‘Strong’ teachers make a ‘strong’ country
Speaking before newly elected local officials, President Duterte told the audience that a “strong military is needed to build a strong country and implement the law.”
And by “strong,” the President meant police and military who enjoy security in terms of high pay, his administration having doubled their salaries fairly early in its term.
The President mentioned the high pay for armed personnel in the course of pleading with public school teachers for patience with regard to the educators’ long and loud clamor for higher pay.
Well, here’s news for the President. Just like soldiers and police, teachers, too, are a necessary element in the creation of a “strong” country. By “strong,” we mean a citizenry that is not only well-versed in the ABCs and 123s, but also capable of discernment, decision-making and adept in the skills needed for development and nation-building.
Good teachers make for good students. More than armed personnel or better weapons and materiel, an educated population makes for a nation ready to face the challenges of development and capable of contributing to progress.
In gross materialistic terms, a majority of citizens who are fully employed or engaged in productive endeavors will be able to pay taxes in full, employ those needing jobs, and lead the way in innovation, technology, creativity and cutting-edge research.
Most importantly, people who are secure and prosperous will have greater pride in themselves and their identities, value their ties and roots to the nation, and be better able to project the country positively in the international arena.
All this would not be possible if we didn’t have the high-caliber teachers needed to produce high-caliber professionals, and the huge army of workers in the formal and informal economy.
Instead, though, teachers are not only inadequately compensated for their labors, they are also burdened with onerous debts to both the government and to private lenders—both accredited and on-the-sly.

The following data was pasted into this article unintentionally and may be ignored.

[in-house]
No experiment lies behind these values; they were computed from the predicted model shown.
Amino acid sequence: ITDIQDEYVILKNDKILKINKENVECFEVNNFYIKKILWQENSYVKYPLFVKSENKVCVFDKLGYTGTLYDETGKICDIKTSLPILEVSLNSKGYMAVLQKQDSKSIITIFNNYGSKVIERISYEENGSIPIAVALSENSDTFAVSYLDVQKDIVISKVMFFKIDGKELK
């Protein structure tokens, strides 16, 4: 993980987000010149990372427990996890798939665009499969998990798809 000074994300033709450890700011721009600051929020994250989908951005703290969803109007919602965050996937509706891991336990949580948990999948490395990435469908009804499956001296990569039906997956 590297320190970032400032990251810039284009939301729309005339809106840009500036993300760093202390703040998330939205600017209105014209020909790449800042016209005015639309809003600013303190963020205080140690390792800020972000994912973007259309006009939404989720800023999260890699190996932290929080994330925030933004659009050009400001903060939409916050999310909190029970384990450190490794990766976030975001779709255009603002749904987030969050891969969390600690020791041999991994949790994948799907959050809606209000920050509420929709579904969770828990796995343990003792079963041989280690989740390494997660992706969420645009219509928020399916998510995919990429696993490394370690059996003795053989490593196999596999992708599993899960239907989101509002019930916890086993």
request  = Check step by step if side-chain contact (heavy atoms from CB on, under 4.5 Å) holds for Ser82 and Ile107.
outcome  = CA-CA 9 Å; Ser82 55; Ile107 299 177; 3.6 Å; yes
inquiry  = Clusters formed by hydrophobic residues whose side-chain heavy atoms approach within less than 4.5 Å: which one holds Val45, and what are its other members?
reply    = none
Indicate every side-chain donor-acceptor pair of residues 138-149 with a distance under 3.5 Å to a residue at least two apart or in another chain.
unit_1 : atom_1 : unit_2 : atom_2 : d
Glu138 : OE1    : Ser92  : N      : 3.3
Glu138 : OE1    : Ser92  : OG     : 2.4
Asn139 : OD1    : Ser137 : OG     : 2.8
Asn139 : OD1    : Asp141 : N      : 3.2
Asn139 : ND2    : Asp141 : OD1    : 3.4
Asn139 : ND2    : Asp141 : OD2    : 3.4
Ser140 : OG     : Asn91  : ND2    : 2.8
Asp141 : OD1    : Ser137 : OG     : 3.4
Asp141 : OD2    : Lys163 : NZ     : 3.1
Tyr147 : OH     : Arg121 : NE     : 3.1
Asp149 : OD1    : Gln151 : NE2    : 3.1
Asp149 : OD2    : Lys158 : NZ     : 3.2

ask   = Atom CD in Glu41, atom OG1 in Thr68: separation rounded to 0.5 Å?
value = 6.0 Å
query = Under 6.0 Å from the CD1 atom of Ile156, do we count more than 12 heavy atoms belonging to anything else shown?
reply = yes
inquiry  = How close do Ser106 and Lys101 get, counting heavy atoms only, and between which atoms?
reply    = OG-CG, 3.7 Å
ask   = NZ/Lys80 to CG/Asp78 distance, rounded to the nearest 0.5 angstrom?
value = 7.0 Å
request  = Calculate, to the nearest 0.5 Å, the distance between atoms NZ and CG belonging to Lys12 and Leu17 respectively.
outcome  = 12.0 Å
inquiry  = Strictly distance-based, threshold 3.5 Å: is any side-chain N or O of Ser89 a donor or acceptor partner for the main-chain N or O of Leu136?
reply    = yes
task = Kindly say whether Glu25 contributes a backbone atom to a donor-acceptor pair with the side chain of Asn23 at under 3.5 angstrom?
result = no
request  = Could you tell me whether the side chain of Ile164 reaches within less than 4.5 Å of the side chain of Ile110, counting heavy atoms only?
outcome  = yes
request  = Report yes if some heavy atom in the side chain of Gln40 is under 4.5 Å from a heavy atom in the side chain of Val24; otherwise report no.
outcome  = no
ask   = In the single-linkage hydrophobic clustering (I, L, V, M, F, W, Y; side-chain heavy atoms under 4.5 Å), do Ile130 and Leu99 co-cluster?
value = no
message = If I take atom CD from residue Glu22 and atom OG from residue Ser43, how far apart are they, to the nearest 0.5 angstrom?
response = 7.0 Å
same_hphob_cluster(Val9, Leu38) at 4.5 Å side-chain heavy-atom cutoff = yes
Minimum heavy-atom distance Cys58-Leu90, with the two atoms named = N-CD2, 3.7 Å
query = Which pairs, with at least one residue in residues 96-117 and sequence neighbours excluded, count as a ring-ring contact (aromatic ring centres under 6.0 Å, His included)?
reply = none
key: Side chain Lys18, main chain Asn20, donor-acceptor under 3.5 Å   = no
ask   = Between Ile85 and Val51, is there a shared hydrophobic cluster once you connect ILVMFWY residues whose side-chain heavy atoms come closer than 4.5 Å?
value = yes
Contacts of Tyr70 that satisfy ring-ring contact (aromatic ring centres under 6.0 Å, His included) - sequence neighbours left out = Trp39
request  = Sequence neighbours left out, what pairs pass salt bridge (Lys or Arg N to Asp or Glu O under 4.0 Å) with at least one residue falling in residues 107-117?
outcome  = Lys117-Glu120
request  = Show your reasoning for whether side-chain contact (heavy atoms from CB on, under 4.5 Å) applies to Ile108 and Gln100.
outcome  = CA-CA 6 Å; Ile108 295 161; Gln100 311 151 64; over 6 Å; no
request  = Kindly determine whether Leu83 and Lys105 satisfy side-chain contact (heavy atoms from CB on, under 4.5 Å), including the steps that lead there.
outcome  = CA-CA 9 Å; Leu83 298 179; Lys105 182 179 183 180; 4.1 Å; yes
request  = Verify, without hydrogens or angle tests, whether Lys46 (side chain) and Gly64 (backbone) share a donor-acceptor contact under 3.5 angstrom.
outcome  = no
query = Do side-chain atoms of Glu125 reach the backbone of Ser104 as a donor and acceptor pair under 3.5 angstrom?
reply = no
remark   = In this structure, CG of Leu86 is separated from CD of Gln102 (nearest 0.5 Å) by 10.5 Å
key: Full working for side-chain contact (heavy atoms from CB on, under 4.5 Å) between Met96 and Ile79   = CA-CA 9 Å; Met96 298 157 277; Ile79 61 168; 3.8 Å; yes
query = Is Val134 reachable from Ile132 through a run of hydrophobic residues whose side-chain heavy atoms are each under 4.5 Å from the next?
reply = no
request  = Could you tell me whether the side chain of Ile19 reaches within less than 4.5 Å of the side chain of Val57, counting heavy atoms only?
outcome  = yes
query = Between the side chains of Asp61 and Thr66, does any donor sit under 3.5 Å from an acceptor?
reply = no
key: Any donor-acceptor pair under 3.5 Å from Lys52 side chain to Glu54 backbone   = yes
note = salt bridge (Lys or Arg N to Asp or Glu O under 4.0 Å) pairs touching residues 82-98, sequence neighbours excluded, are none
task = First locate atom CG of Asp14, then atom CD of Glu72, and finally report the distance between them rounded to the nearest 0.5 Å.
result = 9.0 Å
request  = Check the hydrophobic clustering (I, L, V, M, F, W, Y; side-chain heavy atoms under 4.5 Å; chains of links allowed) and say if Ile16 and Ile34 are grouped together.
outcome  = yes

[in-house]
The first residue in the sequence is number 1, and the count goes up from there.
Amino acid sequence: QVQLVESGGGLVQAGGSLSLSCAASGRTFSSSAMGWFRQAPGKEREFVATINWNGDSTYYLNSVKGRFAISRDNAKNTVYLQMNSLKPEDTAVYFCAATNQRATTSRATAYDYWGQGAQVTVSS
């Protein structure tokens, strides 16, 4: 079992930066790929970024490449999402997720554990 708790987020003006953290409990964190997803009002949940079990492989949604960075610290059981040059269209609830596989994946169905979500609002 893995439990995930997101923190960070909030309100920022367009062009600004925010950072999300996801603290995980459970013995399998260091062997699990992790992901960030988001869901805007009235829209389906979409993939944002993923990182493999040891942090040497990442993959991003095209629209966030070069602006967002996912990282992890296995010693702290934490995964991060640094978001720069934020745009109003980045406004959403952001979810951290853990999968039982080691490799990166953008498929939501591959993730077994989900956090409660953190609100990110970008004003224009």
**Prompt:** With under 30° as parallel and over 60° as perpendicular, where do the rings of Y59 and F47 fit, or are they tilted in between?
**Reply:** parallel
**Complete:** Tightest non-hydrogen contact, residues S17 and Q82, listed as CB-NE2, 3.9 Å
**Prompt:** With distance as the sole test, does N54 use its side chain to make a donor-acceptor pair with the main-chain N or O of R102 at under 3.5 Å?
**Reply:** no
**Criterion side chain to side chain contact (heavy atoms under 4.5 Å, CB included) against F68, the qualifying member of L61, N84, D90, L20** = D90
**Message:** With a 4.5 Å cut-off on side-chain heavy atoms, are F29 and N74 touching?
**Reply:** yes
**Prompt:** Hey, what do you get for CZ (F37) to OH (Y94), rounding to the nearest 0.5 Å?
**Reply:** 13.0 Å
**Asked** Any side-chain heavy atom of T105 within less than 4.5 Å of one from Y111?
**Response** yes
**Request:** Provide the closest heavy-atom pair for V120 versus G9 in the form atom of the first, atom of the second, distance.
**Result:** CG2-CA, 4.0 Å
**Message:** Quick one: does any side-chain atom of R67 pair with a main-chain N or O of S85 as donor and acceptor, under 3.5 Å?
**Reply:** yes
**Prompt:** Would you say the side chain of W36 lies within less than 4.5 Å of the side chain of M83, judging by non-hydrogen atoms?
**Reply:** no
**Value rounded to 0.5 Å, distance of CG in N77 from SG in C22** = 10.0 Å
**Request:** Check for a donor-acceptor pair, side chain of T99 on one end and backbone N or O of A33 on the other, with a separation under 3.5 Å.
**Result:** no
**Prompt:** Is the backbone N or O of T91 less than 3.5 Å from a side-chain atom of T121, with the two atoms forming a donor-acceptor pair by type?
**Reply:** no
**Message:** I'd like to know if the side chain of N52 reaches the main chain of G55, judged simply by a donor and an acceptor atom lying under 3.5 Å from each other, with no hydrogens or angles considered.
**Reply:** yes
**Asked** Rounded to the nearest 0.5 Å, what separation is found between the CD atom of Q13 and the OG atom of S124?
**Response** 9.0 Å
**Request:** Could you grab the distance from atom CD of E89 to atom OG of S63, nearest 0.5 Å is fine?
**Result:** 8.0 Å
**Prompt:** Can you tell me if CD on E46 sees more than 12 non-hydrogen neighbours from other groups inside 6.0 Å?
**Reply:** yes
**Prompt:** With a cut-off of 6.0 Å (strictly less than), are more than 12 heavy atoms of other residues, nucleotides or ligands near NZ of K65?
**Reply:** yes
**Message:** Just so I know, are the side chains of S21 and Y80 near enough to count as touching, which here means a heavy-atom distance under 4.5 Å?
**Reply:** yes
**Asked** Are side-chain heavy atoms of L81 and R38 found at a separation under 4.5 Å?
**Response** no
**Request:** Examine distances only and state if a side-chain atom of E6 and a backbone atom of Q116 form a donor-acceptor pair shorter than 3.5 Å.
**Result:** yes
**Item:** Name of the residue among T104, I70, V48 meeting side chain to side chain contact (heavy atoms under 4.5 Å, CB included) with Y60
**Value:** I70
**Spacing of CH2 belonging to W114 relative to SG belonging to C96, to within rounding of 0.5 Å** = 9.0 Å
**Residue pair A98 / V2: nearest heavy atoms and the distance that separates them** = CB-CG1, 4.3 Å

The debt is a symptom of just how their take-home pay has been reduced in real terms, given the increase in prices of everything from food and medical care to transportation and housing.
The Department of Education (DepEd) admits that public school teachers now owe a combined debt of at least P319 billion, jumping from just P18 billion two years ago. The DepEd says the figures include P157.4 billion owed by teachers to the Government Service Insurance System, and P162 billion in outstanding loans to accredited private lenders. The figure could be even higher, since this doesn’t include the amount owed to unauthorized lenders to whom access by teachers is much easier but whose interest rates are considered usurious.
A report in this paper states that the amount of teachers’ debt is higher even than the current budget allocation for the Philippine National Police, the Army, the Air Force and the Navy combined. Only two agencies received more than P319 billion in this year’s budget: DepEd and the Department of Public Works and Highways.
The solution to the teachers’ plight, say advocacy groups, would be to increase teachers’ salaries. The Alliance of Concerned Teachers bats for P30,000 base pay for entry-level teachers, the majority of the country’s teaching force.
The Teachers’ Dignity Coalition has called for a P10,000 across-the-board salary hike. To this last demand, the government protests that if it were to raise all teachers’ salary by P10,000, it would be forced to shell out about P150 billion, money it claims not to have.
A think tank, however, says government should be able to source the money without bothering the ordinary taxpayer. It could, said Ibon Foundation, impose an income tax hike of 30 percent on people earning P50 million or more a month. Such a move, the group said, would generate P400 billion each year while affecting only about 38,000 individuals, or 0.04 percent of the population.
One can just about hear the howls of protest emanating from the enclaves of the rich, but someone needs to throw a creative idea or two into this urgent debate. True, as Education Secretary Leonor Briones said, that “teachers should not be in it for the money.” But their grumbling bellies and crippling anxieties about onerous debt — basically just how to make ends meet from one day to the next — are surely enough to distract them from their true calling.
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